- Terms and names inconsistency
Some papers contain more than 5 various spellings of the same term/name. It happens just because the author didn’t pay much attention to it. It confuses the reader and creates a reason for misinterpretations.
To make sure the spelling is the same at all times, keep a list of new concepts and names you are using in your assignment, and once finished, check those items using “Search and Find” tool.
Students are often intimidated by word count limitations. They find it difficult to turn a 3000-word paper into a 1600-word one.
In fact, if you are in command of prepositional phrases, you can always find a shorter/longer alternative to what you are trying to say. Check out THIS link. You’ll be impressed how a sentence’s length can be manipulated!
In some papers apostrophe is used instead of a plural form: “I have lots of paper’s to submit”; whereas when possession is implied, some forget to put it: “The cases discussion was stopped abruptly”.
I suggest proofreading your paper for this specific mistake after you finish writing, using “Find and Replace” tool.
Commas are a big issue in legal writing, especially because it is famous of its long and wordy sentences.
As I want to keep this post short, I won’t go into punctuation rules. I will just say that punctuation matters. To get some brilliant examples of the influence of punctuation on the meaning, have a look at THIS thread.
There are clear rules how commas should and should not be used. I think it is worth spending an hour learning this rules than risking being misinterpreted or looking unprofessional.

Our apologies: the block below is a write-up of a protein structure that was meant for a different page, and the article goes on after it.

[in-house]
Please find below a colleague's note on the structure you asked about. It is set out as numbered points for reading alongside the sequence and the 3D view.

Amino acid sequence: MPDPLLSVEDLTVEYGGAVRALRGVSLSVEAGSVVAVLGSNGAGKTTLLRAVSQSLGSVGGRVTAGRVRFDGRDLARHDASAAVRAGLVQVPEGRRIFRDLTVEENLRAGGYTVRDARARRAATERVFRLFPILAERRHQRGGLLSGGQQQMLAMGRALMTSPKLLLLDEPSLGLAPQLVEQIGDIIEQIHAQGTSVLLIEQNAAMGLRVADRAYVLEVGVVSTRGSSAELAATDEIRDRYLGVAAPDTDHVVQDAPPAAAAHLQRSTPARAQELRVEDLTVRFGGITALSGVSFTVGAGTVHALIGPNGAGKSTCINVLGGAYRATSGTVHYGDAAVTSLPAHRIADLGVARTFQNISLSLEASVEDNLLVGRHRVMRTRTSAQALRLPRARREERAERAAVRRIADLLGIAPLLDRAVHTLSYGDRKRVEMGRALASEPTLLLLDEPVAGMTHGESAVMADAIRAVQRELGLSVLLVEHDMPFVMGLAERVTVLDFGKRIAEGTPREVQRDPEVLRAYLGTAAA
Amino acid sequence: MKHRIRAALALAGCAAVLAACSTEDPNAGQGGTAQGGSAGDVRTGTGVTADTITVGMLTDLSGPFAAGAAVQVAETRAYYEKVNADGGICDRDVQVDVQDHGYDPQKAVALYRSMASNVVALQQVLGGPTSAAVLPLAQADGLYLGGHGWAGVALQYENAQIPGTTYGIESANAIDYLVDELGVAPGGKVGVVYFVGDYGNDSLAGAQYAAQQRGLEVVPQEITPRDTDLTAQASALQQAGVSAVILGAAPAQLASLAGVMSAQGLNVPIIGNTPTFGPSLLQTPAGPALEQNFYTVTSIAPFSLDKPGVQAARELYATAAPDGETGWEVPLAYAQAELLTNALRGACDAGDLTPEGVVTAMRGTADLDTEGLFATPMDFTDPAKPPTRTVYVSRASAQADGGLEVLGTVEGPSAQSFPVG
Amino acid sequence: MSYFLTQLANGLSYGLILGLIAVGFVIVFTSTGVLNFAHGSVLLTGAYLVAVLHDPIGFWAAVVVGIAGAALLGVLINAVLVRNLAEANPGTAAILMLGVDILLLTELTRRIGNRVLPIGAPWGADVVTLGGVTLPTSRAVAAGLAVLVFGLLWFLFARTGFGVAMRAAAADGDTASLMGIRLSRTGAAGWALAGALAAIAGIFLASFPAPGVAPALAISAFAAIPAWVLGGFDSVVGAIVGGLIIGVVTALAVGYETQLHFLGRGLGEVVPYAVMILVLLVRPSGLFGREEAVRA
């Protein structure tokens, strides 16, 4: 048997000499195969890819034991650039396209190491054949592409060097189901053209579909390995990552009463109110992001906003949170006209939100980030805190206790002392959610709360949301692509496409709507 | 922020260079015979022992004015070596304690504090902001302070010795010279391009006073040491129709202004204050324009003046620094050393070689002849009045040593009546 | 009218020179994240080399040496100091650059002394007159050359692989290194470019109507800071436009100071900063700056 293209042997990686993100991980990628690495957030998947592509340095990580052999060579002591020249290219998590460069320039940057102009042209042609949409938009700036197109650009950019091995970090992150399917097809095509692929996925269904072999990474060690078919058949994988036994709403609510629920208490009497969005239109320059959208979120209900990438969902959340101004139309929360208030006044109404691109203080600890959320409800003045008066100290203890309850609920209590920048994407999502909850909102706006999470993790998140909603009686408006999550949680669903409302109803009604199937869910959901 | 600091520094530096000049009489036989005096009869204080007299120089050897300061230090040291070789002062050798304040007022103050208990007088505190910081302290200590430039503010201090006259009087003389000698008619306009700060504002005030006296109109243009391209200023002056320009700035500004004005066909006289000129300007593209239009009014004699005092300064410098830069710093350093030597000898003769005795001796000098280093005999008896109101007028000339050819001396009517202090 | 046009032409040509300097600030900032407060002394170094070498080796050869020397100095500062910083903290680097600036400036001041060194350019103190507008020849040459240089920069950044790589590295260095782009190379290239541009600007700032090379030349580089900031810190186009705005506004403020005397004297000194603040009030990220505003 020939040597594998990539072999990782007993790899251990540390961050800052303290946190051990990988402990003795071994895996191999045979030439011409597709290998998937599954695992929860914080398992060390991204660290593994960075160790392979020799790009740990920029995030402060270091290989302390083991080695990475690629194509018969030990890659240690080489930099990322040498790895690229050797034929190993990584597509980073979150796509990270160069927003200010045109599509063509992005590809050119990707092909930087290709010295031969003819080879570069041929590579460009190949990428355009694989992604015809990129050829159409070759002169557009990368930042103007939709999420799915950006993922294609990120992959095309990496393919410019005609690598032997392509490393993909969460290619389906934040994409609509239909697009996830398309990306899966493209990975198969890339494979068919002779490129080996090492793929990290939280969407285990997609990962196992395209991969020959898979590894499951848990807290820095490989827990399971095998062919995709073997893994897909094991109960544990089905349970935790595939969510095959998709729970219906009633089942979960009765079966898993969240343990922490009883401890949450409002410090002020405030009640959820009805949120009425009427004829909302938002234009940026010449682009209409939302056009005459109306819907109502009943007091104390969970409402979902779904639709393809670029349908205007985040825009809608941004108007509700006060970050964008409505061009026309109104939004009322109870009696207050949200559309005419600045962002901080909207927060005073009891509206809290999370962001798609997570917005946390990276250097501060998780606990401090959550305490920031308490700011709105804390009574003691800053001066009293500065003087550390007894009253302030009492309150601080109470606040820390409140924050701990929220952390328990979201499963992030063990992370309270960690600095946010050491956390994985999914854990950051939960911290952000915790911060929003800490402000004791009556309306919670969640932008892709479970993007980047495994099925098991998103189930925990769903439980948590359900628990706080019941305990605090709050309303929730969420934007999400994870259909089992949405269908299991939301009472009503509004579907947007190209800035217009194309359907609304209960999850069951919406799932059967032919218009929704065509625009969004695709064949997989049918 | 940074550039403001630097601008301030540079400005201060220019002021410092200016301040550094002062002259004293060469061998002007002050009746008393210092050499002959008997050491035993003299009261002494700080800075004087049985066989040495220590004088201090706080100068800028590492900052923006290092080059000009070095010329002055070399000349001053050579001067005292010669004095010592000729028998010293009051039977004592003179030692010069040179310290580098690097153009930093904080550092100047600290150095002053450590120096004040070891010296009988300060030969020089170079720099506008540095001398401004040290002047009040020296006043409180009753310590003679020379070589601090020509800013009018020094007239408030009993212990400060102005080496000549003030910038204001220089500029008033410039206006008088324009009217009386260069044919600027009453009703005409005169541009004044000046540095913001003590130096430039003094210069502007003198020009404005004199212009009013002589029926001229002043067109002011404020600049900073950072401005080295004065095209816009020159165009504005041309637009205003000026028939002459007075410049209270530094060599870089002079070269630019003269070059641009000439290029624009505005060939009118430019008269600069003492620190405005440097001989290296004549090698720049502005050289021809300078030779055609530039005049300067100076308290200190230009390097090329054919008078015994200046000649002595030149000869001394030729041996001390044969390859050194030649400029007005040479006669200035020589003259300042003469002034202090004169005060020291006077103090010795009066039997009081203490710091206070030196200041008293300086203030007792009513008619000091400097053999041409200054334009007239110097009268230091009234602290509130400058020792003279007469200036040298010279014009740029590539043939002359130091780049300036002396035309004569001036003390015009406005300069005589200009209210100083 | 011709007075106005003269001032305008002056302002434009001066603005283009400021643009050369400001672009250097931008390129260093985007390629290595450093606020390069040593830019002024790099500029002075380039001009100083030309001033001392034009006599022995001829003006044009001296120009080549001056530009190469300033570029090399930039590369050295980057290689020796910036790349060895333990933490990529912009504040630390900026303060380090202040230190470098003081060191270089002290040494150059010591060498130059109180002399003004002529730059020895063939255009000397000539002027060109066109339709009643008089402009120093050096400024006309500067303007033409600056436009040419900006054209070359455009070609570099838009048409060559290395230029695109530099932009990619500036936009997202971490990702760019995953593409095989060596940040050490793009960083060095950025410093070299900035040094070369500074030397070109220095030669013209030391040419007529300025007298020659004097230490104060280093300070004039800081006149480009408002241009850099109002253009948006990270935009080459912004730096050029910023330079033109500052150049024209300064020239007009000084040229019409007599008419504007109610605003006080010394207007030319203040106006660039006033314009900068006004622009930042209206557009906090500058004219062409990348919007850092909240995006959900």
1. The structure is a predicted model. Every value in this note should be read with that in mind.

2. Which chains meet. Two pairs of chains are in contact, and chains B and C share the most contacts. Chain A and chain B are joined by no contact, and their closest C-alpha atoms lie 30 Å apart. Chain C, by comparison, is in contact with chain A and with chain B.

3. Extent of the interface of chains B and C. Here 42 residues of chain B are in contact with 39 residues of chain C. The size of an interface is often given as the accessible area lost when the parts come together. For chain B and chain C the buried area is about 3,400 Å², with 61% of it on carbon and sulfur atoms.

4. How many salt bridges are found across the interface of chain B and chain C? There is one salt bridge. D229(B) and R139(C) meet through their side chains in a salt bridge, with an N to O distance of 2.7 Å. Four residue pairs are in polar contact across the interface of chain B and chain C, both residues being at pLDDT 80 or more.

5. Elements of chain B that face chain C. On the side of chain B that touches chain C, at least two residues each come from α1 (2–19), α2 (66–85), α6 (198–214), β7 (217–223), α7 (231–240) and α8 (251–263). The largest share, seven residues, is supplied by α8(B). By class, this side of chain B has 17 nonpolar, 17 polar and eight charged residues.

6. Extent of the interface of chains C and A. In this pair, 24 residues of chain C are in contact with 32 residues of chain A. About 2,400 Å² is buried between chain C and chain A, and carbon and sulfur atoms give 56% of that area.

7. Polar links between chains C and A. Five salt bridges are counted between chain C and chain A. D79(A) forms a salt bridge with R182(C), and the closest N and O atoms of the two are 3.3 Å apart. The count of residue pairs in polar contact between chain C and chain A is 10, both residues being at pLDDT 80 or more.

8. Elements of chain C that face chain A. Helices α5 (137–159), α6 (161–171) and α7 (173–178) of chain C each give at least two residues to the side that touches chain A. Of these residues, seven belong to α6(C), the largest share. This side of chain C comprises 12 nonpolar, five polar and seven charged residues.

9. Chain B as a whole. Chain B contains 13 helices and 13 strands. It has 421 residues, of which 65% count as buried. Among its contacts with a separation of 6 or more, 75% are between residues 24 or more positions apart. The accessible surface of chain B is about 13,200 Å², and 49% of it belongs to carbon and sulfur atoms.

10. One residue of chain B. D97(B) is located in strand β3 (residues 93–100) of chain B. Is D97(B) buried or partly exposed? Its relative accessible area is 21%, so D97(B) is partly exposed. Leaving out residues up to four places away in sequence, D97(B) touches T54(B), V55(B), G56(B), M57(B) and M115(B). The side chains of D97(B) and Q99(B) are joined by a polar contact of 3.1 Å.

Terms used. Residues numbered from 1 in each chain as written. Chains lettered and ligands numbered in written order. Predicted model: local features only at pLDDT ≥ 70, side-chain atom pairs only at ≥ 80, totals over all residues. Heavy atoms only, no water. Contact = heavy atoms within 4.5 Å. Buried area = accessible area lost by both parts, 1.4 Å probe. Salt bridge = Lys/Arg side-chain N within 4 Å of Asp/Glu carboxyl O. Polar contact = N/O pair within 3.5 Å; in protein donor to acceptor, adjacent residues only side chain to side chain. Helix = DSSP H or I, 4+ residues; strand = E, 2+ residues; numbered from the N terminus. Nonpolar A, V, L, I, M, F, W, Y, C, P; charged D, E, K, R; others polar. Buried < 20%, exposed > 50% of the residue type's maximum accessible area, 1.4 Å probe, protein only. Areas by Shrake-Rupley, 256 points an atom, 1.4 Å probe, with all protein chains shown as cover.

- Great content, but poor formatting
Examples of poor formatting are: using double spaces, manual paragraph spacing, lack of alignment, messed up numbering, etc.
Most of formatting mistakes can be fixed using simple Microsoft Word tools. I warmly recommend “Find and Replace” for double spaces and double paragraph breaks (search for ^p^p and replace it with ^p). Alignment and numbering might be more complicated, but there are user guides available.
To avoid making such mistakes, I suggest creating a personally-adjusted editing list:
- Spot the most typical mistakes you do and write them down in a list. You might want to keep this list for your future assignments. Mistakes usually show up more than once.
- Write the paper and let it “cool” for a few hours.
- Review the paper using your editing checklist. You must take into account that editing might take you a while (ranges from 2 minutes to 20 minutes per page). If you can’t think of your own checklist, download a sample. Samples are available from different sources, HERE is one I like.
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